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[whitespace] Robert Norse, Becky Johnson, Bernard Klitzner
Three's a Crowd: Bathrobespierre Robert Norse holds court in Santa Cruz together with fellow Klatchers Becky Johnson and Bernard Klitzner.

Nüz

Fitz to Be Tied

Homeless activist Robert Norse has a more extensive bathrobe collection than anyone Nüz knows. City receptionist Anna Brooks' accusations that homeless activists Norse, Becky Johnson and Bernard Klitzner harassed her in the small reception area at Santa Cruz City Hall during their "Koffee Klatch and Tag-Team Teach-In" last December gave Norse the opportunity to model said bath-wear collection in court last week.

Was it Norse's unique fashion sense that caused Brooks to accuse him of "destroying the ambience of the office" and to file a temporary restraining order against the trio six months ago? Or were the Klatchers' actually aiming to embarrass Santa Cruz Mayor Tim Fitzmaurice--a Green Party member lately dubbed the "astroturf" mayor due to his failure to hew to the Green Party's homeless policy.

Either way, Judge Samuel Stevens, who signed the original restraining order on Dec. 26, overthrew it on June 1, on the grounds that the Klatchers' "harassment" had been directed at the city in general--and the mayor in particular--but not at Brooks.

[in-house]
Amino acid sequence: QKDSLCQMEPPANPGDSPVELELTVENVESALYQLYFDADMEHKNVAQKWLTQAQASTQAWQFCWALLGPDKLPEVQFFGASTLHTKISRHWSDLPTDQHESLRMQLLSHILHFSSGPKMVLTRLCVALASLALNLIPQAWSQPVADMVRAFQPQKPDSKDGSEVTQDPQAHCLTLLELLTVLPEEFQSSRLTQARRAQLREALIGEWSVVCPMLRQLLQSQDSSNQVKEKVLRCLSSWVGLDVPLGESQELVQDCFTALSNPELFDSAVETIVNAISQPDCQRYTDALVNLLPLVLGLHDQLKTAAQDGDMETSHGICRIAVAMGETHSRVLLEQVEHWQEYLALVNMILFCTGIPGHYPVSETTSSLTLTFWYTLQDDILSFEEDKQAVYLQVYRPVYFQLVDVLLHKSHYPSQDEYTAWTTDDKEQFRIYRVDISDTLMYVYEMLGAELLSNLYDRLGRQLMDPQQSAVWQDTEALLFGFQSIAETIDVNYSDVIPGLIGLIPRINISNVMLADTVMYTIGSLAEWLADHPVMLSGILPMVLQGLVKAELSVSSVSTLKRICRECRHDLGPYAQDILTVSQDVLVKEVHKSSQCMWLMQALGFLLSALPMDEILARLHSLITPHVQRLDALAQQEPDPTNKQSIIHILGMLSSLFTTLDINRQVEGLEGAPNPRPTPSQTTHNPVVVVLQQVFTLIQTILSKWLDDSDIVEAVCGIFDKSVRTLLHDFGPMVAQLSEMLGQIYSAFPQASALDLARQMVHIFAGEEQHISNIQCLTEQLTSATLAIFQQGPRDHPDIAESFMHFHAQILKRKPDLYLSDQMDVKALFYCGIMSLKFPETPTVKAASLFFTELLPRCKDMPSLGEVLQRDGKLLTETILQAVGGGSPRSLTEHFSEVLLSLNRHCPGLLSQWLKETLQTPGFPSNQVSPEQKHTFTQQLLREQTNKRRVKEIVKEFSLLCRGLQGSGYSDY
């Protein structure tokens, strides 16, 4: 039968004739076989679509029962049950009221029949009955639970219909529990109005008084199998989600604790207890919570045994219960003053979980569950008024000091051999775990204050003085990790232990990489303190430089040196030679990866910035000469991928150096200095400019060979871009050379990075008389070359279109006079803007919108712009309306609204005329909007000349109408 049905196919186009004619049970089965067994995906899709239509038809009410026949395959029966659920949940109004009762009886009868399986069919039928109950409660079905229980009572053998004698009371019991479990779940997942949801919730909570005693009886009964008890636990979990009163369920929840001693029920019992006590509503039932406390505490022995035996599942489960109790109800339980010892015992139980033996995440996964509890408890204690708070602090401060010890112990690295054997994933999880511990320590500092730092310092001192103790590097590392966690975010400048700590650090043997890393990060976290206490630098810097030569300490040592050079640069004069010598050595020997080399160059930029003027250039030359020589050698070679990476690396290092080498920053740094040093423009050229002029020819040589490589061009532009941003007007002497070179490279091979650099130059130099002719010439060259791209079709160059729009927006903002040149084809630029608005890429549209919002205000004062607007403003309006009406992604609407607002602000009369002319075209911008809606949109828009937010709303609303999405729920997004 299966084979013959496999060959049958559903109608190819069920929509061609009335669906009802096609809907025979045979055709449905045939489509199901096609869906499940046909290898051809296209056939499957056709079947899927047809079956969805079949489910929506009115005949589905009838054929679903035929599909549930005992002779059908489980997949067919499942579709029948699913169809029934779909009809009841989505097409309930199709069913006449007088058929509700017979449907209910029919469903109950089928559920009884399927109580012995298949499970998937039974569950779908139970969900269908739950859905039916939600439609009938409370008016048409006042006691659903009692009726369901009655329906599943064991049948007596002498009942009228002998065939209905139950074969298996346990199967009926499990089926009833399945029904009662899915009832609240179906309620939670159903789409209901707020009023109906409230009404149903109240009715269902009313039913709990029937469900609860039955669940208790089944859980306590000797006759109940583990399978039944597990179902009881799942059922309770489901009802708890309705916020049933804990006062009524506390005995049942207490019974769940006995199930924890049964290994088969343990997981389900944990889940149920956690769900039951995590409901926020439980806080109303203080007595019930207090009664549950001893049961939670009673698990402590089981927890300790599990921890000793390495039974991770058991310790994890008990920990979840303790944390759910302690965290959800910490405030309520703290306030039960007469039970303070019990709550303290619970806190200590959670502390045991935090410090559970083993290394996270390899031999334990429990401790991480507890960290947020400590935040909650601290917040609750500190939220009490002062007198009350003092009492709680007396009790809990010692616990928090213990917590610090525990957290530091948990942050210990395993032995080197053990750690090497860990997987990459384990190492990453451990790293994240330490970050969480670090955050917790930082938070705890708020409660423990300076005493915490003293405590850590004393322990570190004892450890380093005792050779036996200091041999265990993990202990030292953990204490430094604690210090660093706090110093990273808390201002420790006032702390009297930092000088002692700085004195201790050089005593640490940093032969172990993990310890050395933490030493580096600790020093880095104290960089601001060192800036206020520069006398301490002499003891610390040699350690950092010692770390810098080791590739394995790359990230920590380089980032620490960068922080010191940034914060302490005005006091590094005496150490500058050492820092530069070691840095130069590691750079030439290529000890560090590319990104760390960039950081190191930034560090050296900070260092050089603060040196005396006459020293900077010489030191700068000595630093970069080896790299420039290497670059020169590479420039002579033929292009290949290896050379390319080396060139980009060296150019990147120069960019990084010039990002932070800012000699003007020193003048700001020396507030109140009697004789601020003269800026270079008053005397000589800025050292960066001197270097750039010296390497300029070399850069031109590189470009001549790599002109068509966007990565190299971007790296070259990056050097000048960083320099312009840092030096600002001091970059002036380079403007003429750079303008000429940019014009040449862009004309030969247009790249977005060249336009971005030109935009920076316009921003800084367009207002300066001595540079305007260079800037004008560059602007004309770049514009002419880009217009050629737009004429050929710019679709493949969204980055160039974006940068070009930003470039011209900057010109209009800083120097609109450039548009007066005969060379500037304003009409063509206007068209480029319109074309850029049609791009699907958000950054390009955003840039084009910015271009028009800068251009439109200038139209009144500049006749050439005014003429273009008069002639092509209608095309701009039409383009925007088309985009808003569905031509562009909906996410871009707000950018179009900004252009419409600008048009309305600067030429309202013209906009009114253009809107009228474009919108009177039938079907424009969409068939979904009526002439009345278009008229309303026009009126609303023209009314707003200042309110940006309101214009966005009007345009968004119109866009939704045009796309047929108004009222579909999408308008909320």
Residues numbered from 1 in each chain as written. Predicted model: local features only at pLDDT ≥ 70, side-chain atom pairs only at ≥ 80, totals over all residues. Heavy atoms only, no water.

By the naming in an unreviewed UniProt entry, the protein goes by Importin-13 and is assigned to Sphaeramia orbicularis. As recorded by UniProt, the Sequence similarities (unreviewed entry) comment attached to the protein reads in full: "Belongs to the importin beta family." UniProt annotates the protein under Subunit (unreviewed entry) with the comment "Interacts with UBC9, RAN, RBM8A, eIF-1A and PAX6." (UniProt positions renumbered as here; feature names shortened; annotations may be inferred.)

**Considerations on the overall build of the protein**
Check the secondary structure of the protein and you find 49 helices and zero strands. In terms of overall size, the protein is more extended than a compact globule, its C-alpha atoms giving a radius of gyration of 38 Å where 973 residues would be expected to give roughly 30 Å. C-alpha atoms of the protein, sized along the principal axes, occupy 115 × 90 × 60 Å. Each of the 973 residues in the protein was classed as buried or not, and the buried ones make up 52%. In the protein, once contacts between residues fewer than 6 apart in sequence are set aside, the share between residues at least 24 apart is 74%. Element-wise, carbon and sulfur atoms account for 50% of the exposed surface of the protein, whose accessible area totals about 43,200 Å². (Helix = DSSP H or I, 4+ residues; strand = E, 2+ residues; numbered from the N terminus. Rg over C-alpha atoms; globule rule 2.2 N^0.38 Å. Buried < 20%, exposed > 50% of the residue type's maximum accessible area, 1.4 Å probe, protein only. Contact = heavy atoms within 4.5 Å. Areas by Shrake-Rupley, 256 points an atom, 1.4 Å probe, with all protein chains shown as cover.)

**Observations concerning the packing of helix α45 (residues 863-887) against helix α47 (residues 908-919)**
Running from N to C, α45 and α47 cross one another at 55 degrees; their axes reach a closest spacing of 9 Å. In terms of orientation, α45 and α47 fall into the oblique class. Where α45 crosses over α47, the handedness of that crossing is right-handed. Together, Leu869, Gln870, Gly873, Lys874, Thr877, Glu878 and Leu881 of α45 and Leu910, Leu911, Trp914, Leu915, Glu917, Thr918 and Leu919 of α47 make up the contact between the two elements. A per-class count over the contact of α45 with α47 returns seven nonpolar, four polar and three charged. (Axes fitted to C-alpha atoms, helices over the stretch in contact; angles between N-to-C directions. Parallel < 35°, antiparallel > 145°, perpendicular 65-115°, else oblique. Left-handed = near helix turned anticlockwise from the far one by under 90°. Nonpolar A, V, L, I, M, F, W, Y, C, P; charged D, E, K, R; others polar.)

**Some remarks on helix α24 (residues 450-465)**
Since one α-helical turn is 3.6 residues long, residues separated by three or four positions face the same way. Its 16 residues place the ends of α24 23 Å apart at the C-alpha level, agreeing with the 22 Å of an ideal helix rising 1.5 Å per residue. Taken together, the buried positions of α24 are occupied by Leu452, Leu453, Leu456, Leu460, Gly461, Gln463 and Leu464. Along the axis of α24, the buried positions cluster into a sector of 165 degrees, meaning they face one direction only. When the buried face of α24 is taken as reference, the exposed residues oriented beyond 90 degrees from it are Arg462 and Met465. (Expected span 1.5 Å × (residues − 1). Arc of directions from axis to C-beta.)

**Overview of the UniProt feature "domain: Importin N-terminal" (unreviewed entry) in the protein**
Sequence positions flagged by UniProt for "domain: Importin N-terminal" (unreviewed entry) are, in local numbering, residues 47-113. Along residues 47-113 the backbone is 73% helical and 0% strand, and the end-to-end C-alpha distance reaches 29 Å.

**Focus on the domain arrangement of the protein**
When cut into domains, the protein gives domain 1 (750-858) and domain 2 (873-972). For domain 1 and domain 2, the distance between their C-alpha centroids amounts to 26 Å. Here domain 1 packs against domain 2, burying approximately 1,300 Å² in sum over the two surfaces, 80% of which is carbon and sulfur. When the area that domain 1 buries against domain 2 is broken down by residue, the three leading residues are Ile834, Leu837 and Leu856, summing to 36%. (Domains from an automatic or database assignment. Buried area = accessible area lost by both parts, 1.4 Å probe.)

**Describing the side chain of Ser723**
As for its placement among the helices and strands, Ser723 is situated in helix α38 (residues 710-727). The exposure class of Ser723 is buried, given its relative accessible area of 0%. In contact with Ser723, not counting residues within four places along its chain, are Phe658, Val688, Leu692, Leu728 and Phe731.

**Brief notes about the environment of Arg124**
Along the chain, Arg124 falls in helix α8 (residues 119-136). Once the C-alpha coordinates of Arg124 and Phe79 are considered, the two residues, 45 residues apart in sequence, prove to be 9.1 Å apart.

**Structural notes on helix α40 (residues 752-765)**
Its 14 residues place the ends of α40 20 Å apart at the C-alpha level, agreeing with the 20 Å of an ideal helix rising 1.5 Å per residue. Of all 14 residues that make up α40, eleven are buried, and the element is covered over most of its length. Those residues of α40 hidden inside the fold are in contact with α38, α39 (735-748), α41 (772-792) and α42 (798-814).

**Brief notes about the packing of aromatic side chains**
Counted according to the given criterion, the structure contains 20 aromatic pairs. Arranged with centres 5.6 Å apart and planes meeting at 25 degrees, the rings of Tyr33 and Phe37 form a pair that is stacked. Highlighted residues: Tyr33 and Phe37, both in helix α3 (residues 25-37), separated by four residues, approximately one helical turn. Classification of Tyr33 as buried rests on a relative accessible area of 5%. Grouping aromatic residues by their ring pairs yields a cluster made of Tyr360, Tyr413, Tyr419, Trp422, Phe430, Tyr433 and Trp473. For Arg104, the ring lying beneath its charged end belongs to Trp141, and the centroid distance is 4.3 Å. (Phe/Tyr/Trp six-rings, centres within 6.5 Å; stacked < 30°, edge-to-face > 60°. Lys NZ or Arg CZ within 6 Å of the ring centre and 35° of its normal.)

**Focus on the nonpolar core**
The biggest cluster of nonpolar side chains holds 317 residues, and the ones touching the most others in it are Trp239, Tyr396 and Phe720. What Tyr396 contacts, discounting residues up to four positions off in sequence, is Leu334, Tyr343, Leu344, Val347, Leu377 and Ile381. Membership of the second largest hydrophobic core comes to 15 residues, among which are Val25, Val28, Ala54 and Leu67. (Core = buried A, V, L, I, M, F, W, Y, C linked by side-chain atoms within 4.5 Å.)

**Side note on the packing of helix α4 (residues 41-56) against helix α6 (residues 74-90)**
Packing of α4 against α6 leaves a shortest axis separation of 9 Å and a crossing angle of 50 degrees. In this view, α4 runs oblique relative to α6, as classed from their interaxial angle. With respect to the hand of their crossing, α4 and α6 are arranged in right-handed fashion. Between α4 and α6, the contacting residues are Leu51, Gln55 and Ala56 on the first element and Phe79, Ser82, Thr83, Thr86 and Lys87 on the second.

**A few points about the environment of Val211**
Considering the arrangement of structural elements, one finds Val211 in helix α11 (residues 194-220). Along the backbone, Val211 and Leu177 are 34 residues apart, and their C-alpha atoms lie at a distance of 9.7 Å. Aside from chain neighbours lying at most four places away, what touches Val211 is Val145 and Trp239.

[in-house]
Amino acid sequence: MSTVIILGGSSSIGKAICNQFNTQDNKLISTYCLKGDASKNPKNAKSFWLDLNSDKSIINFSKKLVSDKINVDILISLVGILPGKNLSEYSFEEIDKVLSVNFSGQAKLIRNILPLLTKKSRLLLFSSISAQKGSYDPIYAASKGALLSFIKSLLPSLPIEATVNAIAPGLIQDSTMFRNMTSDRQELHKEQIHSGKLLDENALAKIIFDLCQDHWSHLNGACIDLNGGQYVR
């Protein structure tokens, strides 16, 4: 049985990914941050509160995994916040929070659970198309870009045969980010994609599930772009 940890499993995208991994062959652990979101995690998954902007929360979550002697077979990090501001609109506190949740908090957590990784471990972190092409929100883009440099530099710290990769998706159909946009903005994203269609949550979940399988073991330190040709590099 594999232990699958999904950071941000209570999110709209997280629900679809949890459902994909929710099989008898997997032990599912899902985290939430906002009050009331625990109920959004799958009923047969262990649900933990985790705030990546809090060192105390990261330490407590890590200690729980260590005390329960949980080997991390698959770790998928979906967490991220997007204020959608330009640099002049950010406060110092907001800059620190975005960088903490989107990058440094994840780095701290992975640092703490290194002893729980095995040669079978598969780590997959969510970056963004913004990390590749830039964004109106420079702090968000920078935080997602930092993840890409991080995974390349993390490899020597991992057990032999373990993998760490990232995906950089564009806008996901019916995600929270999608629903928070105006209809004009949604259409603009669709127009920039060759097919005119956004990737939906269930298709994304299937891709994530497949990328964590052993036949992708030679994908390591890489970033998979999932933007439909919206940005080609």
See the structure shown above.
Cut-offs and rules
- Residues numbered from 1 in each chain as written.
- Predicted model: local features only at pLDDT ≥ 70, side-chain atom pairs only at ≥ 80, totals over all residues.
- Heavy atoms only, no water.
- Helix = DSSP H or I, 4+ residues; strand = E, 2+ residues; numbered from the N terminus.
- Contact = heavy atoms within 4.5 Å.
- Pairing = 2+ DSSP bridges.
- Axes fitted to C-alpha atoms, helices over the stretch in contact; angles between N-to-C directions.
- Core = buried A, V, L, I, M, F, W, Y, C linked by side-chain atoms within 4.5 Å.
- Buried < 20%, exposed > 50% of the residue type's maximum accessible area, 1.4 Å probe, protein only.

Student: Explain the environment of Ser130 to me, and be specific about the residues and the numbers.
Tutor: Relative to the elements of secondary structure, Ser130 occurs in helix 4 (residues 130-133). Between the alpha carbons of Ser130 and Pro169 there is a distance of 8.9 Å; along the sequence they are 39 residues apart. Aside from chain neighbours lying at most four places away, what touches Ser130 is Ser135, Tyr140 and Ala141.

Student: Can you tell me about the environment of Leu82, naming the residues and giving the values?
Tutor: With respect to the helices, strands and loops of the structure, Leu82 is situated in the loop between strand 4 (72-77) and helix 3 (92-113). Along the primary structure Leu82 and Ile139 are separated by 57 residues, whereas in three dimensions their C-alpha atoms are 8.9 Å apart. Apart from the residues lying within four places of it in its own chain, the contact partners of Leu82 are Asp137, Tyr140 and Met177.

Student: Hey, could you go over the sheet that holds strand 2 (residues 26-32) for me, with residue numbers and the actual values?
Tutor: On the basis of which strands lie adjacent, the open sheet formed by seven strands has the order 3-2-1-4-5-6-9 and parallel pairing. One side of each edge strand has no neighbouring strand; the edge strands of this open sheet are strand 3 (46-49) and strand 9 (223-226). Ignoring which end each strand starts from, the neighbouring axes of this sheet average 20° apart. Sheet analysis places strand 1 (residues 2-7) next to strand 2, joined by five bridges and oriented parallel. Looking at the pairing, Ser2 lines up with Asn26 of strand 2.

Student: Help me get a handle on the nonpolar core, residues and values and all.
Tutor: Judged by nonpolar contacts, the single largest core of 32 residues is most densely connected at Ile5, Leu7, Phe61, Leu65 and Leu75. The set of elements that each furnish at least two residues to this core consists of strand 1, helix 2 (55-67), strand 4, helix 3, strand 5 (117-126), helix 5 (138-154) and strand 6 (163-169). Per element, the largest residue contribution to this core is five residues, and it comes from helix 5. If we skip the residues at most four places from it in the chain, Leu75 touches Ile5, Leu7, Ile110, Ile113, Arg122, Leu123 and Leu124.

Stevens, who could be seen picking his teeth and massaging his face with a small notepad during the trial, also ruled that staging a teach-in at the mayor's office is not constitutionally protected behavior--and that it's not even appropriate to physically approach councilmembers, especially in this modern age of telephones and email.

"It might sound OK in Santa Cruz, but it's scary," Stevens opined, thus opening up the perhaps appealing (to politicians anyway) notion of a constitutient-free zone around elected officials.

In her testimony, Brooks detailed what for her amounted to harassment: persistent questioning about city procedure; aggressive accosting of visitors by thrusting leaflets toward them; stealing pens; giving her dirty looks; speaking loudly (even a Norse "stage whisper" was a booming distraction, Brooks testified); pacing; giving interviews to the press; tape recording what was going on in the office; broadcasting the tapes on Free Radio Santa Cruz (which Brooks said she'd never listened to because she doesn't "listen to illegal radio stations"); and asking people who came into the office if they slept well the night before.